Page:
The San Francisco Rent Board’s annual eviction report showed a 20.8 percent decline in notices citywide between March 2016 and February 2017, the first drop in that grim yearly tally since 2010.
Over the 11-month period landlords tried to oust 1,881 renters citywide, according to the board’s accounting. The most commonly cited reasons were as follows:
- 442 for lease breaches.
- 397 owner move-ins.
- 371 for nuisance violations.
- 232 for non-payment or “habitual late payment” on rent.
- 127 Ellis Act removals.
The San Francisco Examiner observes that “the total number of evictions each year is a gauge of how hot the real estate market is,” pointing out that the city’s 20-year high of 2,878 evictions came in the 1998-99 Internet boom.
Parsing the reported causes of evictions can be tricky. Breach of lease is presumably the fault of the tenant, for example, but a Stanford analysis of evictions since 2011 found that as real estate prices heated up over five years, breach of lease evictions in a handful of key neighborhoods spiked.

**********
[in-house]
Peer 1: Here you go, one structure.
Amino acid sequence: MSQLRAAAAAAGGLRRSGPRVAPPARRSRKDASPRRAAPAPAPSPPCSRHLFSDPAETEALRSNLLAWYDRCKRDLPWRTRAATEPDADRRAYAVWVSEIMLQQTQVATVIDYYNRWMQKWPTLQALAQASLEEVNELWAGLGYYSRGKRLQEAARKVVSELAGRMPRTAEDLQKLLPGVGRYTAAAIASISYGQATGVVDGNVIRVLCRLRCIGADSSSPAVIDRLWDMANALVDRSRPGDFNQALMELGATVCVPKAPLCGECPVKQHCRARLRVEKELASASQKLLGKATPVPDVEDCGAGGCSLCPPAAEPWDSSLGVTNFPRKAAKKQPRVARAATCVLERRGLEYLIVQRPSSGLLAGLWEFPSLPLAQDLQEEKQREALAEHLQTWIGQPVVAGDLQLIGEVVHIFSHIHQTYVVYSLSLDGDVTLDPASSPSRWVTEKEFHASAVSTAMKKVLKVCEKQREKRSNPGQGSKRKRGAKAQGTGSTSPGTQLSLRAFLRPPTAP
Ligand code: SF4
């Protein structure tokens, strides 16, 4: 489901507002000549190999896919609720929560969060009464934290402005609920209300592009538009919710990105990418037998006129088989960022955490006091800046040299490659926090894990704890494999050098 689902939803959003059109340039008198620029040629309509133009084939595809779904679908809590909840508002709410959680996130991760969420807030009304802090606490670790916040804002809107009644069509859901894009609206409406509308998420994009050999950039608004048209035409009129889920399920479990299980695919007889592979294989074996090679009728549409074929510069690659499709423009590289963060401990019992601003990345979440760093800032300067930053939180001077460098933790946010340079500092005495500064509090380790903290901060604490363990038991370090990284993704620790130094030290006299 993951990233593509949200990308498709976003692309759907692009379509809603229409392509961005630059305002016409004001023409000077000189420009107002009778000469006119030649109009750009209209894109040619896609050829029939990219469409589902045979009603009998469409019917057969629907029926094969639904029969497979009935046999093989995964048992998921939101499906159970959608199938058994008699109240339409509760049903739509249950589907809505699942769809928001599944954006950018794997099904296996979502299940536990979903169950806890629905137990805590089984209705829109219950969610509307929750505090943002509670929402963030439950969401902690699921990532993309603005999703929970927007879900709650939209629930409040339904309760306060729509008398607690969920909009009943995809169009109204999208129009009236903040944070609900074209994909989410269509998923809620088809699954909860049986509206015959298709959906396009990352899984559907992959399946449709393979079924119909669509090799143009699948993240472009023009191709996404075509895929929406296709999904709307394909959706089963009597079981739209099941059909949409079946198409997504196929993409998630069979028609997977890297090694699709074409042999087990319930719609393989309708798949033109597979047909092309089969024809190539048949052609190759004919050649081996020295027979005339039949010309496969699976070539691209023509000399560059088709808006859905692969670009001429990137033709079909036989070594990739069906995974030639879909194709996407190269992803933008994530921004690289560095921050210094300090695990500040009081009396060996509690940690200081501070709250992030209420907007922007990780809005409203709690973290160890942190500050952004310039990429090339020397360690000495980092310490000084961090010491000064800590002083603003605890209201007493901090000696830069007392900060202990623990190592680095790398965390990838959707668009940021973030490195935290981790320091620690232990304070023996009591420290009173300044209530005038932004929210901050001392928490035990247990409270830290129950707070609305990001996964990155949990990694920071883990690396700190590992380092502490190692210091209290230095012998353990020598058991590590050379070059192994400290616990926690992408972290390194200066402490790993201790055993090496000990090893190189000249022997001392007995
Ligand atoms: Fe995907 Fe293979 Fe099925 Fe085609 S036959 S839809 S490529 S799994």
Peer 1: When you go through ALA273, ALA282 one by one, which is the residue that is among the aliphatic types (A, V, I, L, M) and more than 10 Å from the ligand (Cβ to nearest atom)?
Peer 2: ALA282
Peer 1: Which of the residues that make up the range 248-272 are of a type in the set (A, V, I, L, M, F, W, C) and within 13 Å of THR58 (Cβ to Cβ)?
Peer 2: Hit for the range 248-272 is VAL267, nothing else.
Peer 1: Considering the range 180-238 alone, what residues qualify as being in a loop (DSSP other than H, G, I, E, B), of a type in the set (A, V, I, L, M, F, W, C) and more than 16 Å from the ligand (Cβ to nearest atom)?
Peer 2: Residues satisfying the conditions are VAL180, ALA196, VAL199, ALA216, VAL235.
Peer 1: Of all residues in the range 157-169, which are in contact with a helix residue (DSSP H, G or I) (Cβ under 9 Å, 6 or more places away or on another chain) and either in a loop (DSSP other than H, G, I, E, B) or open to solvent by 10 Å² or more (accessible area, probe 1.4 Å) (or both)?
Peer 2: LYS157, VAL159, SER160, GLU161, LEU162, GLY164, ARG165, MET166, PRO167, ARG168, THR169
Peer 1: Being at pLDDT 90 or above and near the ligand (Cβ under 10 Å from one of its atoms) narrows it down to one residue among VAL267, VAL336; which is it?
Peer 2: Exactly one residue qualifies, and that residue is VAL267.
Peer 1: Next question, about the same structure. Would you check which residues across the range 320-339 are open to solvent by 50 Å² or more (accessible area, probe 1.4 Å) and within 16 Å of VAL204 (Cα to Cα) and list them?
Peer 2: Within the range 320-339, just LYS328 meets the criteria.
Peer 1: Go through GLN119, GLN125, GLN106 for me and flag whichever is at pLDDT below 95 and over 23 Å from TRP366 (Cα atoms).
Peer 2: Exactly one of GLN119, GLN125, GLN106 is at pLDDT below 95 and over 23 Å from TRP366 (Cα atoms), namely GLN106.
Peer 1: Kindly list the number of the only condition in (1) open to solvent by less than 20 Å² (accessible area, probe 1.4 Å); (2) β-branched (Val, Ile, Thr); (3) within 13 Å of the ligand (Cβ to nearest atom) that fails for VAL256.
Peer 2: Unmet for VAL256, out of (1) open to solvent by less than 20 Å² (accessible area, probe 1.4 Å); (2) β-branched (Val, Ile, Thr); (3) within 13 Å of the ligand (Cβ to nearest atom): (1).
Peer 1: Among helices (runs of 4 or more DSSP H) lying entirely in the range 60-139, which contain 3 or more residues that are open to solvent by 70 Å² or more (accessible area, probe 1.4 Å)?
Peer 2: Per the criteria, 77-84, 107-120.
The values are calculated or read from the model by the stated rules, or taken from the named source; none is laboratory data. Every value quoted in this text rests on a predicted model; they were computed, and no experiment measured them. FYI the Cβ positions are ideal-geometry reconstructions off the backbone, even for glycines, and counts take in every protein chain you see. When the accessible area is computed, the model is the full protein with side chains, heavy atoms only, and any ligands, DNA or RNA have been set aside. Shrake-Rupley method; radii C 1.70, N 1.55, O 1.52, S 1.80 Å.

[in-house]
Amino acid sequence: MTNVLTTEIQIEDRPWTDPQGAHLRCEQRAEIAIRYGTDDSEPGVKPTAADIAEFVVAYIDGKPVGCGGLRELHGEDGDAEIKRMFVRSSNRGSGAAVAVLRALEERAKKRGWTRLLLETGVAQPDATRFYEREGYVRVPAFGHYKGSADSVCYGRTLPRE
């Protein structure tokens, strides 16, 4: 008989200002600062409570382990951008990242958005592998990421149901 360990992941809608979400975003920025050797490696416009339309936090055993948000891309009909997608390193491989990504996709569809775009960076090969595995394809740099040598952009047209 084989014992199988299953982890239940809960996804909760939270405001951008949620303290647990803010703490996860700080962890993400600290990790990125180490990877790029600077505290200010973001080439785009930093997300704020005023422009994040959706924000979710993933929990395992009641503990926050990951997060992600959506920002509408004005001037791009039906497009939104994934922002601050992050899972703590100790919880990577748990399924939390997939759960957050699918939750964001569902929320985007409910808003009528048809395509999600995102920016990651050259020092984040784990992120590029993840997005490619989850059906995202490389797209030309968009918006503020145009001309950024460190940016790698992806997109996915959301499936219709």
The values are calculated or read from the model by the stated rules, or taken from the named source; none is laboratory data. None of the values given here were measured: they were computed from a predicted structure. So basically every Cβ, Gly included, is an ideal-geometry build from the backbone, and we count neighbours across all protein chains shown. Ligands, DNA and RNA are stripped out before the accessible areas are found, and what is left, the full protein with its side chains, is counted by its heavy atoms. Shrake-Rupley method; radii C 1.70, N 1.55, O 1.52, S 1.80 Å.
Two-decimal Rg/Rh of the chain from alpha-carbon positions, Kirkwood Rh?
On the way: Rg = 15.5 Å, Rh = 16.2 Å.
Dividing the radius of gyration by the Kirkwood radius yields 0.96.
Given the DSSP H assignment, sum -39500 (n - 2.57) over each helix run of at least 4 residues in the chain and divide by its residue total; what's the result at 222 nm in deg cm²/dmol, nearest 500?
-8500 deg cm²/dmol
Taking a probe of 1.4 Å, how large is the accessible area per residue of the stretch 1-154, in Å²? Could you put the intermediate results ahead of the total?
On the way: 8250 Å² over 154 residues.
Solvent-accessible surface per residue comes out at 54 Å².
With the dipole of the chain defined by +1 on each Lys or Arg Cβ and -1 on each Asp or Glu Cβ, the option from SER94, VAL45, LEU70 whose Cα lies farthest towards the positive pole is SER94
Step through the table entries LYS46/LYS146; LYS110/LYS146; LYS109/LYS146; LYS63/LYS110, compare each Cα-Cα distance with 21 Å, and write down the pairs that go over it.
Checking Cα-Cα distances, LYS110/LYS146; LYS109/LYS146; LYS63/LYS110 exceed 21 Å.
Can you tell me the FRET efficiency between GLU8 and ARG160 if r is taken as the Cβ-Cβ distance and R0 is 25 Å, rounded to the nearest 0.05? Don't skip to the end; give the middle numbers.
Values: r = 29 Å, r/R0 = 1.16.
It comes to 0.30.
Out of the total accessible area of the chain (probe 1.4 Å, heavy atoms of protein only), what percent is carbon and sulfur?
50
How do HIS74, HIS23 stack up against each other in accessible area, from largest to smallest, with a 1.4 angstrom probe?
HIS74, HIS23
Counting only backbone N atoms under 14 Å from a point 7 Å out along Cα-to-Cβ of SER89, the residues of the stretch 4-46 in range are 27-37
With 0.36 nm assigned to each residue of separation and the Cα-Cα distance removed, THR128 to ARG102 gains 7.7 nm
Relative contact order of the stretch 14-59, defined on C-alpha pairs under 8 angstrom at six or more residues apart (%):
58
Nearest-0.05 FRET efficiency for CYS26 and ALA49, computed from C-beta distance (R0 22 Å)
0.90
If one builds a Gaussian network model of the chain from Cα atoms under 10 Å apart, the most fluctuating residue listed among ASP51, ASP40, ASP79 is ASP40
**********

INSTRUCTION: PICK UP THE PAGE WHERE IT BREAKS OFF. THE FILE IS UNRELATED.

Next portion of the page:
In fact, in the Tenderloin alone such evictions octupled in that five year span. “Landlords are serving eviction notices for minor reasons such as putting up decorations on the door,” a Stanford journalism student wrote at the time.
And now here we have a big drop in evictions for the first time in years, just as local real estate finally stumbles a bit.
But the rent board data doesn’t offer much insight about the maneuverings of landlords and tenants in a hot market, at least not at face value. The report does note that tenants challenged 410 of those evictions, down from last year’s 506.